Asbestos-Related Deaths Continue to Climb

While deaths from certain occupational diseases have declined in the past 30 years, deaths from asbestosis continue to rise and now surpass the death rates from other disabling diseases of the workplace such as silicosis and coal workers' pneumonoconiosis (black lung).

In a study published in the July 23 edition of the Morbidity and Mortality Weekly Report, researchers found that despite a general decline of pneumoconiosis deaths, asbestosis deaths have increased and are now the most reported pneumoconiosis deaths on death certificates.

"Even though the use of asbestos has declined substantially, leading to fewer workers significantly exposed, and despite regulation, new cases of asbestosis continue to appear as a result of exposures that occurred many years or decades ago," wrote researchers.

According to their findings, the number of asbestosis deaths increased from 77 deaths in 1968 to 1,493 deaths in 2000. According to researchers, "Asbestosis mortality peaks 40-45 years after initial occupational exposure to asbestos."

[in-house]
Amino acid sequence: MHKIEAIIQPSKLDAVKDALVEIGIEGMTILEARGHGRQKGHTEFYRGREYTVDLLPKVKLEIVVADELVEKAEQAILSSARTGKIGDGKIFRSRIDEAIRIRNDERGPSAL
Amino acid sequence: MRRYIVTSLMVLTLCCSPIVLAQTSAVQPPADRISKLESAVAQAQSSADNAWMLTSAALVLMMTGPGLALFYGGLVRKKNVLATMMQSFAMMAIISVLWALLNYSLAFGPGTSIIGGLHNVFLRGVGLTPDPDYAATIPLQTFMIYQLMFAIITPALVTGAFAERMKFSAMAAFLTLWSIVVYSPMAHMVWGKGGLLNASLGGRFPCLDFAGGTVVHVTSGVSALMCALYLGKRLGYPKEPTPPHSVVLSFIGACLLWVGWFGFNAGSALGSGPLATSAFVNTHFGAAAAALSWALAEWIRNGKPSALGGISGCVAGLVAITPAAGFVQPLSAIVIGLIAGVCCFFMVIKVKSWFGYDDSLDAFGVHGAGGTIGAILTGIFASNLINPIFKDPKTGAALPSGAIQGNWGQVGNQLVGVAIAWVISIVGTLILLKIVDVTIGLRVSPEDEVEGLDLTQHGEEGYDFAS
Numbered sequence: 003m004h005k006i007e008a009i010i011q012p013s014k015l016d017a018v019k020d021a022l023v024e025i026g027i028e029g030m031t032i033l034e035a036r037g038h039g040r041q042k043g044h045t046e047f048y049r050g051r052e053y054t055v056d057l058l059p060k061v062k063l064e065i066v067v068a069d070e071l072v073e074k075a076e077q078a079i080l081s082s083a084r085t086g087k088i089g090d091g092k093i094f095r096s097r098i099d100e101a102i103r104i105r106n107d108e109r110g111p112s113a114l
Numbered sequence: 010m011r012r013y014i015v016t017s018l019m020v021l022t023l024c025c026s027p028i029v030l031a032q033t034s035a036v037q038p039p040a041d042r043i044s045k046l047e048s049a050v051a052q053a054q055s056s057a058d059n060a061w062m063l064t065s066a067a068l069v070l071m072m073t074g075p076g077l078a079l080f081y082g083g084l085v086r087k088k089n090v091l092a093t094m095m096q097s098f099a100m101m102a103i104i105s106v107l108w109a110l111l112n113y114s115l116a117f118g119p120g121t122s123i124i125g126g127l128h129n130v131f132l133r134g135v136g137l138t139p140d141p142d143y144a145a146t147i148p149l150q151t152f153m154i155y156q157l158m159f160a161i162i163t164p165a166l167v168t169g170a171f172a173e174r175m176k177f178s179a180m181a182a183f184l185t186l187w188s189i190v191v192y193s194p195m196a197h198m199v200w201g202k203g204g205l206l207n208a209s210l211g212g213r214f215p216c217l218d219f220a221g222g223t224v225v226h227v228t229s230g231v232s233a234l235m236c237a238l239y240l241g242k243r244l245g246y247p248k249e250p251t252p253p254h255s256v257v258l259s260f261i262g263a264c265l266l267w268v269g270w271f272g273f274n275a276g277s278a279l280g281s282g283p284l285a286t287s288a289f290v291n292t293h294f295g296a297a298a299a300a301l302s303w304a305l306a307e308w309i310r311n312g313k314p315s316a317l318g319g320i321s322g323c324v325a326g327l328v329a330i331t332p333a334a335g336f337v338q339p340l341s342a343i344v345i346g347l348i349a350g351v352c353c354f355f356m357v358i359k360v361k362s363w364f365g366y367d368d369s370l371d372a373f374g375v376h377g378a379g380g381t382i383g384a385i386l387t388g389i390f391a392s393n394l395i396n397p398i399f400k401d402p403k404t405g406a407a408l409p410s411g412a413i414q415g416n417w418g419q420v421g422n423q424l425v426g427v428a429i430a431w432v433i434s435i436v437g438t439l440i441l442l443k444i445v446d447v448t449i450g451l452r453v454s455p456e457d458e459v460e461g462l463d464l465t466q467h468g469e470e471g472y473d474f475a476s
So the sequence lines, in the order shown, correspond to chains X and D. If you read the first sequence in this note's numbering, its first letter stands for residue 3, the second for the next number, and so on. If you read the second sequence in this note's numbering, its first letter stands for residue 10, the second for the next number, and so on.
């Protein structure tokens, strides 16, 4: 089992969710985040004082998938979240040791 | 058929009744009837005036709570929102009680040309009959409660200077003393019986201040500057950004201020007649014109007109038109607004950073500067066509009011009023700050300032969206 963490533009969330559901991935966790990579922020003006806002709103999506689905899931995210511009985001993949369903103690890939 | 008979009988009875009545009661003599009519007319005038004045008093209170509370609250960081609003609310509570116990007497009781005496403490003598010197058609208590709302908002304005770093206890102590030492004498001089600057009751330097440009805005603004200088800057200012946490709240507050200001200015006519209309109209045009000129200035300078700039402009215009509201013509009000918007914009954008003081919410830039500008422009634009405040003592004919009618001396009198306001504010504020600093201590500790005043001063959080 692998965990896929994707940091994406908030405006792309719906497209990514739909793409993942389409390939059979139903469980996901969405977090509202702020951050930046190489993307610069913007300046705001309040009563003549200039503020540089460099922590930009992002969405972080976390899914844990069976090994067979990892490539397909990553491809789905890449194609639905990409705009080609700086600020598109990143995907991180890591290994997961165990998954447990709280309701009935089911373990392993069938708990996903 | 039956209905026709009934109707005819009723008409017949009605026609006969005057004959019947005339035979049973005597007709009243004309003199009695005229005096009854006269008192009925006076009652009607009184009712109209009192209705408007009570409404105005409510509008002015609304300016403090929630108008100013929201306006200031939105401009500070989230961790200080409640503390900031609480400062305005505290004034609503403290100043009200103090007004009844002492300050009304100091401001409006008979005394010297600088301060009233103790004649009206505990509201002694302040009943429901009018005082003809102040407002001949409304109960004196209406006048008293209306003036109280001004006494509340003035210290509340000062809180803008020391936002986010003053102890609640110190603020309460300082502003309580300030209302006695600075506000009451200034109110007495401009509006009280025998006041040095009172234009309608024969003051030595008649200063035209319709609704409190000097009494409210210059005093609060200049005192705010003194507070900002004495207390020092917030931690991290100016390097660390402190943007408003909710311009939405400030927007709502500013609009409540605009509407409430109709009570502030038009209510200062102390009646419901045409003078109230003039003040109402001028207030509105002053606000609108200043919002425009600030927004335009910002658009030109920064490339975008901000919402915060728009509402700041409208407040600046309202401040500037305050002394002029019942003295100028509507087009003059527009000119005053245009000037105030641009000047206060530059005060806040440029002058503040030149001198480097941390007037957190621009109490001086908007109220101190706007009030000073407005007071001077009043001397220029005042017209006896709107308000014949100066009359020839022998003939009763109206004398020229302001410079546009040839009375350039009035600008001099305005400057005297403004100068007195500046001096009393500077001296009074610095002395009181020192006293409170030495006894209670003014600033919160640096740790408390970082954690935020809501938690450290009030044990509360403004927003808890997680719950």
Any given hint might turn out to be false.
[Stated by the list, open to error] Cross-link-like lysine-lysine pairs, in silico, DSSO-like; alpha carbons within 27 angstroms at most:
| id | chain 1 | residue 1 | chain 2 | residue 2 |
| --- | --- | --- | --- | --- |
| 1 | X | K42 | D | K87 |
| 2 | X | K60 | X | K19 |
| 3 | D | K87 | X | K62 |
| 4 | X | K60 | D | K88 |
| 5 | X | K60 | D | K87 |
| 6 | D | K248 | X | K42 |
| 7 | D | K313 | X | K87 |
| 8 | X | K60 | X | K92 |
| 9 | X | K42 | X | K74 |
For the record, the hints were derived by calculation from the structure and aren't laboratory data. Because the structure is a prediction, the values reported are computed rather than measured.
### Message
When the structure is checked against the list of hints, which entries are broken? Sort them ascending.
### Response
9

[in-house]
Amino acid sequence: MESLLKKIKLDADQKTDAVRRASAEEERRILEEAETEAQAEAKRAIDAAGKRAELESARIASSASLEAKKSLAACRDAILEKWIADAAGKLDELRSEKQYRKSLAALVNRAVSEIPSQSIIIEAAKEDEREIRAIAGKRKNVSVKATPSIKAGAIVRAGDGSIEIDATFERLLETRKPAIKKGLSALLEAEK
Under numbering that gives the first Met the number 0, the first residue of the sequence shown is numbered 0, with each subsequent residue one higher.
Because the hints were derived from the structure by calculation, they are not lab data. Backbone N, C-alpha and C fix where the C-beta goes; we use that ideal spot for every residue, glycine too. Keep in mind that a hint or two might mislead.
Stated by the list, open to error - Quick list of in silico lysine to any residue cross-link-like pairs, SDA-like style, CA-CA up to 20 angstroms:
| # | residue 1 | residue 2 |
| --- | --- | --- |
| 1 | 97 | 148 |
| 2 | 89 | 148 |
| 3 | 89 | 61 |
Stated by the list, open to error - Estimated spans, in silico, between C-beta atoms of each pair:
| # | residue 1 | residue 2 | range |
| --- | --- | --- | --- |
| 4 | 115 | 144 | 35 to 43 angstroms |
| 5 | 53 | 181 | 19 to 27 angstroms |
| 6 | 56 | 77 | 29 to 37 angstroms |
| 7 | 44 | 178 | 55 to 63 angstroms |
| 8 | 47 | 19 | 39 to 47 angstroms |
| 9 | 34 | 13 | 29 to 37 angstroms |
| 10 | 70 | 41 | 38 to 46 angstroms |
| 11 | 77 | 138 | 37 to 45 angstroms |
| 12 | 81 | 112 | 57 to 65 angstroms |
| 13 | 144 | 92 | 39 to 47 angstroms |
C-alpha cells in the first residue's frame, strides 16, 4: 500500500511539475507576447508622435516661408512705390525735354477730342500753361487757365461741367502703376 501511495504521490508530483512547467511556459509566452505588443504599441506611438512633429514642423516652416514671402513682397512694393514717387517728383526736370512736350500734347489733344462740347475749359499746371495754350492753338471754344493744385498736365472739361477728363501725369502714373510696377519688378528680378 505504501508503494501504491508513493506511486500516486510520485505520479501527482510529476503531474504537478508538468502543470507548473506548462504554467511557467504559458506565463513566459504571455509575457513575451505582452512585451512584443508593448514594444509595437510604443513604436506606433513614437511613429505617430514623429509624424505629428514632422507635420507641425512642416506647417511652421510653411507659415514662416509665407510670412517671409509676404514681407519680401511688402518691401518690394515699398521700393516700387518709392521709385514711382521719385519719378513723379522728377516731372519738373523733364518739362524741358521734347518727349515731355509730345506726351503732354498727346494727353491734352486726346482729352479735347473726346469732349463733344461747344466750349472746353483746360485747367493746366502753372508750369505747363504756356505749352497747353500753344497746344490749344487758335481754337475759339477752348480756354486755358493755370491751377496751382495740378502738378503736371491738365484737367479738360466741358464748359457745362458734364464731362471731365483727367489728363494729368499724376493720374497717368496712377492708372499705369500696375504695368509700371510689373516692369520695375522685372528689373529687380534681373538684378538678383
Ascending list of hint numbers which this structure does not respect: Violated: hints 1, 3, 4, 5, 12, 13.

In addition, said researchers, incidents of asbestosis increased substantially throughout the United States, particularly in the coastal states, where asbestos was used in shipbuilding.

"Considerable progress has been made toward elimination of the pneumoconioses. Nevertheless, certain pneumoconioses considered to be nearly eliminated are still occurring and causing deaths, even among young workers. Pneumoconioses are preventable, and efforts to continue to eliminate these diseases should continue," the researchers, lead by Michael Attfield, Ph.D., NIOSH Division of Respiratory Disease Studies, concluded.

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